In fact, California homeowners are moving after 10 years now, compared to 5-8 years before the crisis. Think for a moment about the multiplier effect of just one homeowner staying in place for one extra year.
Layering over all of these housing elements is the overall job market. Between 2012 and 2015, the Bay Area saw 235,000 new jobs, but only 30,000 additional housing units built (and many of those are not near where the jobs were created). No wonder our commutes are getting longer! We'll see how long it takes for the market to get to stability--something we really haven't known for 15 years. But meanwhile, give me a call and we can talk about your situation!
Speaking of Giving Me a Call....
I've recently talked to heirs of a client about market dynamics and the sell vs. rent choice, a downtown Piedmont homeowner about various "move down" scenarios and implications, a longtime homeowner about thoughtful renovation choices for now that will make sense whenever she sells, and a local real estate investor about potential returns on several local possibilities. I help people make great real estate decisions, and I get paid when you or friends and family use me to buy or sell a home.
Still haven't gotten around to a Re-Fi?
I have two buyers in contract right now, and both will be getting financing in the 3.6% range. Rates are extraordinarily low, and there is so much re-fi activity that the appraisers are overwhelmed (my big issue this morning). If you haven't refinanced recently, email me for a list of my five most reliable lenders. And if you're only 10 years away from paying off the mortgage, know that lenders can organize a new 10- (or 15-) year loan at today's low rates. No reason to pay 5% or more, just to avoid another 30-year mortgage--put those savings into your pocket, not the bank's!
The Christie's Magazine
For all you shelter magazine readers looking for a free fix--The Outdoor Issuemade me feel like I was at the Post Ranch Inn, in my living room!
A client works for the East Bay Park District's Botanical Garden up near Tilden. If you haven't taken a morning walk up there (no dogs, unfortunately for us), you are missing out. The website says that penstemons and red mimulus (sticky monkey flower) are out in force this month. I'm always blown away by what I see up there.
I've been hard at work these last few weeks on the garden in Inverness--propagating and transplanting from Piedmont to West Marin, and setting aside bearded and Douglas iris bulbs for the Inverness Fair in August. Let me know if you'd like a few yellow Douglas (PCH) bulbs, or frilly white or simple light purple bearded iris bulbs later in the summer.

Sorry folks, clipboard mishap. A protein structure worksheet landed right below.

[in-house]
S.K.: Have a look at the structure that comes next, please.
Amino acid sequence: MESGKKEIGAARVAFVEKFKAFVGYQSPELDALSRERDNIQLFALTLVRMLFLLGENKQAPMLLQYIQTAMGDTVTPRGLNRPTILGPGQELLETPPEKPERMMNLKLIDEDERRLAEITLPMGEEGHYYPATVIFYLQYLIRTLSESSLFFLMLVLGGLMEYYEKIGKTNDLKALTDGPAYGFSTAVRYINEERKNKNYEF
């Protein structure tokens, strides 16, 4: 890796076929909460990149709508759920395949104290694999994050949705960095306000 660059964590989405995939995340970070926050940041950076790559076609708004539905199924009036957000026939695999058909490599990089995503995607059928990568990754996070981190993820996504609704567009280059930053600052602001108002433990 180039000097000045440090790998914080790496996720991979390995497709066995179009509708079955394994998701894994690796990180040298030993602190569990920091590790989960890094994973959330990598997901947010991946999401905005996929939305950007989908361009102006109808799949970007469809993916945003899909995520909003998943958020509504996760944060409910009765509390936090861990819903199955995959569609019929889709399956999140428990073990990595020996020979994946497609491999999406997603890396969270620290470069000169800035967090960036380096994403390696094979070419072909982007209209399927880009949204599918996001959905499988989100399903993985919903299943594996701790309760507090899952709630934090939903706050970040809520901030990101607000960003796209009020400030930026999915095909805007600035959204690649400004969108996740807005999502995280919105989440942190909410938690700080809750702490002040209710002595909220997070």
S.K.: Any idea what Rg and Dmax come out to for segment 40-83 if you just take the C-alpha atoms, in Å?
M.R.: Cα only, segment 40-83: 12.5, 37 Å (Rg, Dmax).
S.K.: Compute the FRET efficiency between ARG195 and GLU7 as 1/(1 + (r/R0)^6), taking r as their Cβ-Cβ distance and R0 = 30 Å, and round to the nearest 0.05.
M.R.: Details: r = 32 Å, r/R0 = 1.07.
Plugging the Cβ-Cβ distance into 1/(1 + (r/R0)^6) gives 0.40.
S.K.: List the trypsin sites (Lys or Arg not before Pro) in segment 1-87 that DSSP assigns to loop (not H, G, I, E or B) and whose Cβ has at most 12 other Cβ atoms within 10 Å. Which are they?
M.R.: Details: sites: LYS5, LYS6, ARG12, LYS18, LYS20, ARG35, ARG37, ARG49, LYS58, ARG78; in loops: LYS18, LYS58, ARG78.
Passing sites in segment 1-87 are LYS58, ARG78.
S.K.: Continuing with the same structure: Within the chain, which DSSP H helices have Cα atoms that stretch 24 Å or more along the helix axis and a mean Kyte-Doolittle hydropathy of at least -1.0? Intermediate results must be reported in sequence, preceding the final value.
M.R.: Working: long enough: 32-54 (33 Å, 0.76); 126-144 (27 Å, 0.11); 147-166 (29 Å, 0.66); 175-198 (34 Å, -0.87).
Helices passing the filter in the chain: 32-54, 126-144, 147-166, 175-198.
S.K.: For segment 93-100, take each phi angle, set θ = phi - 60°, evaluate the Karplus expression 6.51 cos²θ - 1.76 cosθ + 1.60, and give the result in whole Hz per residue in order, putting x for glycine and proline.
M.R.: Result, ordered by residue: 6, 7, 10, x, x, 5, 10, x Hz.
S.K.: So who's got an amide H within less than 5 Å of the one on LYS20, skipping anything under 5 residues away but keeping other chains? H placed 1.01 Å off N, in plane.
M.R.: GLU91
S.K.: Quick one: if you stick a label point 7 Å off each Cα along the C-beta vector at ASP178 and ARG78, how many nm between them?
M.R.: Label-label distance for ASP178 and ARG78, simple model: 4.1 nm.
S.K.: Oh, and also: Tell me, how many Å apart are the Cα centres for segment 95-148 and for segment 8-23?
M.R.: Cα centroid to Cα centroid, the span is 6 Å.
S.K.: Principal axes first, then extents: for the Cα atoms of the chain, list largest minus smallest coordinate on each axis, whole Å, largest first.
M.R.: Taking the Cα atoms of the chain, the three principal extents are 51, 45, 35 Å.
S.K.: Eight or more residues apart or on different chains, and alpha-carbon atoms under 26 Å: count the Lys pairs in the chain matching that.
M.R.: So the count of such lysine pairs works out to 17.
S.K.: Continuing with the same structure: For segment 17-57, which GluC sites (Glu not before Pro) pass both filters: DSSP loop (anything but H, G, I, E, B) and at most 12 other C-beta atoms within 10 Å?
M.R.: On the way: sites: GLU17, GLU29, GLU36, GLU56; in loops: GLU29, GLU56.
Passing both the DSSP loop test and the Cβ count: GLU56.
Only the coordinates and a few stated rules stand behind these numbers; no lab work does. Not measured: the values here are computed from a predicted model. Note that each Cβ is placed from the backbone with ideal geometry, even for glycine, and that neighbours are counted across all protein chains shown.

And of course, following a 15-year old tradition instigated by Judy Rosenberg, I'm making NYT Plum Tortes for the fair and freezer, with the gargantuan crop of wild plums this year. In fact last weekend we hosted the Spouse's annual old-time string band extravaganza, and dessert was fruit crisp, with rhubarb, plums, blueberries, apples, huckleberries and blackberries from the yard. Luscious with the youngest Son's homemade ice cream!
The Race of Things
See two recent NYT stories here and here that really reinforce the notion that a key driver of longstanding inappropriate police killings of African Americans (only now caught on tape) is the broader role of race in American society. Today's story, based on the Home Mortgage Disclosure Act data I spent much of my previous professional life working on, outlines the continuing role race plays in where we live, even as we approach the 50th anniversary of the Fair Housing Act.
Did you know that during the depths of the Great Recession, lenders sent out word that they would not lend in certain zip codes (including our neighboring Oakland 94610, 94611, and 94618) without disproportionate downpayments? What impact do you think that had on family wealth, rates of foreclosure, and neighborhood strength? "You can buy in Piedmont with 20% down, but you need 40% down to move to Montclair or the Glenview."
I can only hope that as we pull apart these issues this summer and really start to talk about race discrimination and its effects on all of us, we'll get to a more real place in this country and will be stronger and more unified for it. Ann Coulter's comments today, to the CA delegation no less, are not a step in the right direction ("Ann Coulter warns California Republicans the nation could turn into California"-- LA Times).